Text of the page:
Strava Guide: Four Features to Help Level Up Your Training


, by Katherine Turner

Want to take your training to the next level? Strava can help you do that. In the latest installment of the Strava Guide, we look at four features you can use to help you train better and healthier.

We all want to get better. Whether that’s measurable improvement like running a faster 5k, or the intangible mental strength gains we get from completing a hard workout or patiently returning from injury, humans seem to be hardwired to pursue progress.

So that’s why, for the second installment in the Strava Guide series, we’re focusing on four features that will help you supercharge your personal progress, without the need for any additional gear like a GPS watch or bike computer. If you missed the first article in the series, check it out for a primer on how to get started with Strava. 

RELATED: Strava Guide: How to Get Started on Strava

In this second article, we're going to look at how to use Strava to help you progress your training. Whether you are making mental gains or performance gains, self-improvement is a sustainable and enjoyable way to approach sports. Even the pros, who make a living out of beating other people, seem to agree. If you listen closely to interviews with the world’s best, they’ll often talk about reaching their personal potential and not worrying about what the competition is doing.

So, in that spirit, the following four features are what I like to think of as a Strava power pack – rocket fuel for your personal progress as an athlete. 

Matched Activities: Tracking personal progress

If you’re anything like me, you’re probably a creature of habit when it comes to running and cycling. I have my four or five favorite routes of varying distances and hillyness and I tend to stick to them, partly out of comfort, partly out of practicality. Matched Activities harnesses our habits to help us better understand our fitness and track our progress. 

RELATED: How Runners Can Get The Best Out of Strava

Using an algorithm to automatically identify when you have completed an activity on a route that you’ve completed before, Matched Activities will then group all the times you’ve completed that route together into a single chart to show you how you’re trending overtime.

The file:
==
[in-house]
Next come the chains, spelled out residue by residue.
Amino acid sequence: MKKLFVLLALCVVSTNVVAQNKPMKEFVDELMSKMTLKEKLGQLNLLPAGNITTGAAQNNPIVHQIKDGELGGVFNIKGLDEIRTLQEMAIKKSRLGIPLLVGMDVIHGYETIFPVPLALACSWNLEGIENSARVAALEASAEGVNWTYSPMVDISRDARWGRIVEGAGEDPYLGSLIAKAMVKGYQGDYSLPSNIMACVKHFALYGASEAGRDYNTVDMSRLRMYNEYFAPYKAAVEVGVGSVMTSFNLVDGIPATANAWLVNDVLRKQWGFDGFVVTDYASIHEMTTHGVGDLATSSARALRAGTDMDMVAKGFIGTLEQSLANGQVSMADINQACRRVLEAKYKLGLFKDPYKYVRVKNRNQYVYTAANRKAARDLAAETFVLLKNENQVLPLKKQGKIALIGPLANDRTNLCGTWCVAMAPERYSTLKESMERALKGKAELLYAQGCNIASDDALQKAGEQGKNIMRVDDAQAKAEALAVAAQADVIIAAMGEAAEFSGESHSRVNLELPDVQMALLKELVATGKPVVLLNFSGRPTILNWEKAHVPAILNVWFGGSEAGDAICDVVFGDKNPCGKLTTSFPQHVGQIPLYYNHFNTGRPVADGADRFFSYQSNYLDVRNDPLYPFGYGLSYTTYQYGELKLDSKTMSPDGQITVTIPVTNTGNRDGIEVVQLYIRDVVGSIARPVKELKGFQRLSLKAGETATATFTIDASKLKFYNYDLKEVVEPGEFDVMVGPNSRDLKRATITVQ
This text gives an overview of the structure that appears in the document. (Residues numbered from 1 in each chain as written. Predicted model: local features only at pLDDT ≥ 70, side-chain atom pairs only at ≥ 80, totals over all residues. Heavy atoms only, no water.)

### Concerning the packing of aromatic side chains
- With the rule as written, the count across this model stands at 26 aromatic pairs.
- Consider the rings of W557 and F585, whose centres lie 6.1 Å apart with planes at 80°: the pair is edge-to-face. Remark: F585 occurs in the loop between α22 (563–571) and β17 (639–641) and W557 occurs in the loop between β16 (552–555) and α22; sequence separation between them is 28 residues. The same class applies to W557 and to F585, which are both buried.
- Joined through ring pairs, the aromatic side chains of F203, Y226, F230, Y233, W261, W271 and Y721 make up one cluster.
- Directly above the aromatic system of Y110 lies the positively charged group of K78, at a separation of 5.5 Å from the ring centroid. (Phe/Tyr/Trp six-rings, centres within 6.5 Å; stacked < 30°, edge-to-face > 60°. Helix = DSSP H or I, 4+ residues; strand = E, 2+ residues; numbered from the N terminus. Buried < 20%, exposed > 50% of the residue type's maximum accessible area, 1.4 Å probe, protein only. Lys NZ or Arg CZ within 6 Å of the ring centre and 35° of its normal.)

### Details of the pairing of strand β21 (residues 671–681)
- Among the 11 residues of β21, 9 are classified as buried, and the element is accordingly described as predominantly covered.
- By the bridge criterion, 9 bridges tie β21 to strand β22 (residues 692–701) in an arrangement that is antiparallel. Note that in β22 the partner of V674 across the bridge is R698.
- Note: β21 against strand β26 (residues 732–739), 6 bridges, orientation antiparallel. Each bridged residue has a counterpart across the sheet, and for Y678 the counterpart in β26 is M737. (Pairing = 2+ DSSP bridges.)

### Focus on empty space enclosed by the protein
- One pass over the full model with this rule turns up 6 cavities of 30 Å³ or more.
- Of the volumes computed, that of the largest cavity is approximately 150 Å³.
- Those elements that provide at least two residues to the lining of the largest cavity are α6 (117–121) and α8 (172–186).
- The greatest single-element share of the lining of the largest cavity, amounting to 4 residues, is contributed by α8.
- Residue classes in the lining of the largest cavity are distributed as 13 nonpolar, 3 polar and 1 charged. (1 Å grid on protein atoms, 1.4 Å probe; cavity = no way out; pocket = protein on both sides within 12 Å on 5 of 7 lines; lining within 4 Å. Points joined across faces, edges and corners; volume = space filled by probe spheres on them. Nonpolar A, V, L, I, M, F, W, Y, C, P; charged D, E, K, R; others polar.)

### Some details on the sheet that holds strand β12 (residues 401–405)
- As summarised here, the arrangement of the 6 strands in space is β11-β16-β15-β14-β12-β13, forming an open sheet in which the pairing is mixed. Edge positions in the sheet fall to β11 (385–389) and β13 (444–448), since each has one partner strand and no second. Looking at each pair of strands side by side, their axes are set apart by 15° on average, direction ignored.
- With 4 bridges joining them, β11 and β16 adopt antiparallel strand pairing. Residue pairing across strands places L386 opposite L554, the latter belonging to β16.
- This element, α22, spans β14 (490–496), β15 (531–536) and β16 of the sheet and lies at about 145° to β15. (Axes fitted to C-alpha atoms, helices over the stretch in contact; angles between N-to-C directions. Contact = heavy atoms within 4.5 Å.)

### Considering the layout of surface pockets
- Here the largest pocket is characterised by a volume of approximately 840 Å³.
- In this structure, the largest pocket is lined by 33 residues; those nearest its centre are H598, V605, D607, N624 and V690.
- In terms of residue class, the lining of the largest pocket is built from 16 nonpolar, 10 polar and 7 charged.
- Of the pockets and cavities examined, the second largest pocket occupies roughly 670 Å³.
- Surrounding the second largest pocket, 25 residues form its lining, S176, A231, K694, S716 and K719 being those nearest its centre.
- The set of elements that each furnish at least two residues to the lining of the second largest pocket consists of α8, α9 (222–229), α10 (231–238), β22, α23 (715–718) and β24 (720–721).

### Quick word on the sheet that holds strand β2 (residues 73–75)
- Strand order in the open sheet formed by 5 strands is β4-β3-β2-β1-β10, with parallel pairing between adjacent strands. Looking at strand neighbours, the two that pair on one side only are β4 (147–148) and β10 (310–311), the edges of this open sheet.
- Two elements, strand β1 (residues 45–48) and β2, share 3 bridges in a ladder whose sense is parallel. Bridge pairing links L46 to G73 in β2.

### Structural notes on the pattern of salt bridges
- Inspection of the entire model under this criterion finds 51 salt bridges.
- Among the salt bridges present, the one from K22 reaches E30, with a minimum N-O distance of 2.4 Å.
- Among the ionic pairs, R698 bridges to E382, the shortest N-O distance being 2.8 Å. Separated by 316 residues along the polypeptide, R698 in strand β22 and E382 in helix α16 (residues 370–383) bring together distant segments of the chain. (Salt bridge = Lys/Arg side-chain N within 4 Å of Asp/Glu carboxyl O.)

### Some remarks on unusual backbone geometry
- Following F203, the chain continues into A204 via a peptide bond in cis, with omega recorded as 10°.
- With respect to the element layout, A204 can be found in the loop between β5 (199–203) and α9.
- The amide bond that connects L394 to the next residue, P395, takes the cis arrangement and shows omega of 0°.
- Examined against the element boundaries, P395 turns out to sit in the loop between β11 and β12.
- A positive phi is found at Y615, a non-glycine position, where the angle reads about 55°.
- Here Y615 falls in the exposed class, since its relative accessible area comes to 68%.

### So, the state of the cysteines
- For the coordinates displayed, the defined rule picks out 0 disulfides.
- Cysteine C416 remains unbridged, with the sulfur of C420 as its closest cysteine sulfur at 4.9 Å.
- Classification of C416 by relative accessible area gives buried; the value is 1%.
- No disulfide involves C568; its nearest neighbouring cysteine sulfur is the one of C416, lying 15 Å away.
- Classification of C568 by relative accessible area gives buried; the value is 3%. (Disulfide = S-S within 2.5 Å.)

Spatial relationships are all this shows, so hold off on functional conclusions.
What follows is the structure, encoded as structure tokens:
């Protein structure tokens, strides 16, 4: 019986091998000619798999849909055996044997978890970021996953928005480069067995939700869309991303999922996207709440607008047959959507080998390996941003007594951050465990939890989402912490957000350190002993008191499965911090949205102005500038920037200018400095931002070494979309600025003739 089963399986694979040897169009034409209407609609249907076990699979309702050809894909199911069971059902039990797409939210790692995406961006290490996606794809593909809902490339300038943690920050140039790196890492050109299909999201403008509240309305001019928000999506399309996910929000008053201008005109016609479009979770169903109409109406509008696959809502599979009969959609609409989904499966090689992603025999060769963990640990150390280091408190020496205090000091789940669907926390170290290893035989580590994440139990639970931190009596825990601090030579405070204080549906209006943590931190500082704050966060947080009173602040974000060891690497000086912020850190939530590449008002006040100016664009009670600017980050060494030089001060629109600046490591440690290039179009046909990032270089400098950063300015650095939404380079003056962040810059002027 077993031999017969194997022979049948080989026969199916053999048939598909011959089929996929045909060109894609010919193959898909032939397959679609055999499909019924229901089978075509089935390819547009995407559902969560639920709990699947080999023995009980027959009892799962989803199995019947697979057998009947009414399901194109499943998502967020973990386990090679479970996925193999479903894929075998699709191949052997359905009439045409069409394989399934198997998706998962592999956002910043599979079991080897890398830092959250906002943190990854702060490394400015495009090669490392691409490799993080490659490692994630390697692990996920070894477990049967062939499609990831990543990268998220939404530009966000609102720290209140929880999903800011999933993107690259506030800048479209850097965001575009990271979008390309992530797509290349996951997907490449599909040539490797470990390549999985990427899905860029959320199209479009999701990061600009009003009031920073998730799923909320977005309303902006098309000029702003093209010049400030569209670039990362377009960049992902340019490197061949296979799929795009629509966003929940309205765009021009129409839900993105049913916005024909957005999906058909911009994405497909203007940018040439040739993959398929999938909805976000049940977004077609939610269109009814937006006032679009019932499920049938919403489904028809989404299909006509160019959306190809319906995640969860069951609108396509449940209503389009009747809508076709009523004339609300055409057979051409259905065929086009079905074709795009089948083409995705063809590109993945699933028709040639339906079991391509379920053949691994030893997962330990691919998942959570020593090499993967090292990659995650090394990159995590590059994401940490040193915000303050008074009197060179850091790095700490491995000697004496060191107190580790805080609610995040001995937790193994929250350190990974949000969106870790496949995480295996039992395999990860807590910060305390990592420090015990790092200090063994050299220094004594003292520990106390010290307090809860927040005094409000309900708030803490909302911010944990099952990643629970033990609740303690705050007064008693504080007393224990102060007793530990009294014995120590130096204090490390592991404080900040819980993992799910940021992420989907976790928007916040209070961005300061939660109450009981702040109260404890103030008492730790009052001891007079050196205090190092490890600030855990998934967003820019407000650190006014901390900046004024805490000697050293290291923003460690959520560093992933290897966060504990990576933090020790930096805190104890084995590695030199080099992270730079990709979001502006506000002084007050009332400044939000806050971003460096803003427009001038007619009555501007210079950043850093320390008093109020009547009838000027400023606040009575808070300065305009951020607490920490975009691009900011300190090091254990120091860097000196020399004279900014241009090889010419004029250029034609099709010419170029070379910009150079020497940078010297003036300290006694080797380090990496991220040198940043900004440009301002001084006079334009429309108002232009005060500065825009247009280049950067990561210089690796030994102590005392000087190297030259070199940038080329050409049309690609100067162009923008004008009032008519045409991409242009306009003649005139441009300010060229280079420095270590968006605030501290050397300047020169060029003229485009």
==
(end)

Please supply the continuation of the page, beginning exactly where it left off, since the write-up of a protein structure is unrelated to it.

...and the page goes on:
How to use Matched Activities: It’s important to say that you’re not going to get faster every time, and progress is unlikely to be linear, but, if you complete the same route often enough, you’re likely to see your fitness increasing over time. If you’re new to running or riding, this might simply mean that your average pace is getting faster. If you’re more experienced, you’ll likely start to feel that the same pace feels much easier. 

When you start to mix workouts into your training, don’t be alarmed if your Matched Activities show that you’re slowing down. You’ll be more tired from the added intensity, but if you complete a similar loop for all your tempo efforts, you’ll likely be seeing progress there. 

Time to get some fresh kicks?

Avoiding injury is arguably the most important thing you can do to progress as an athlete. The list of things that can cause an injury includes plenty of things that are either out of your control, like a mysterious biomechanical quirk, or good old bad luck, like stepping on a pothole, but one thing you can control is ensuring you’re not using worn-out gear.

Photography by: Suriyawut Suriya

Strava can help you track how many miles you’ve logged in your favorite pair of carbon-plated shoes or on your go-to bike, so you know when you might be due a fresh pair or a service at the bike shop. 

Between 300 - 500 miles is a generally accepted benchmark for the lifespan of a pair of everyday running shoes, with a lot of the variation coming down to biomechanics, body weight and the surfaces you run on. If you have a pair of carbon-plated race shoes, you can expect them to wear out more quickly – you’ll likely need a replacement after 150 - 300 miles.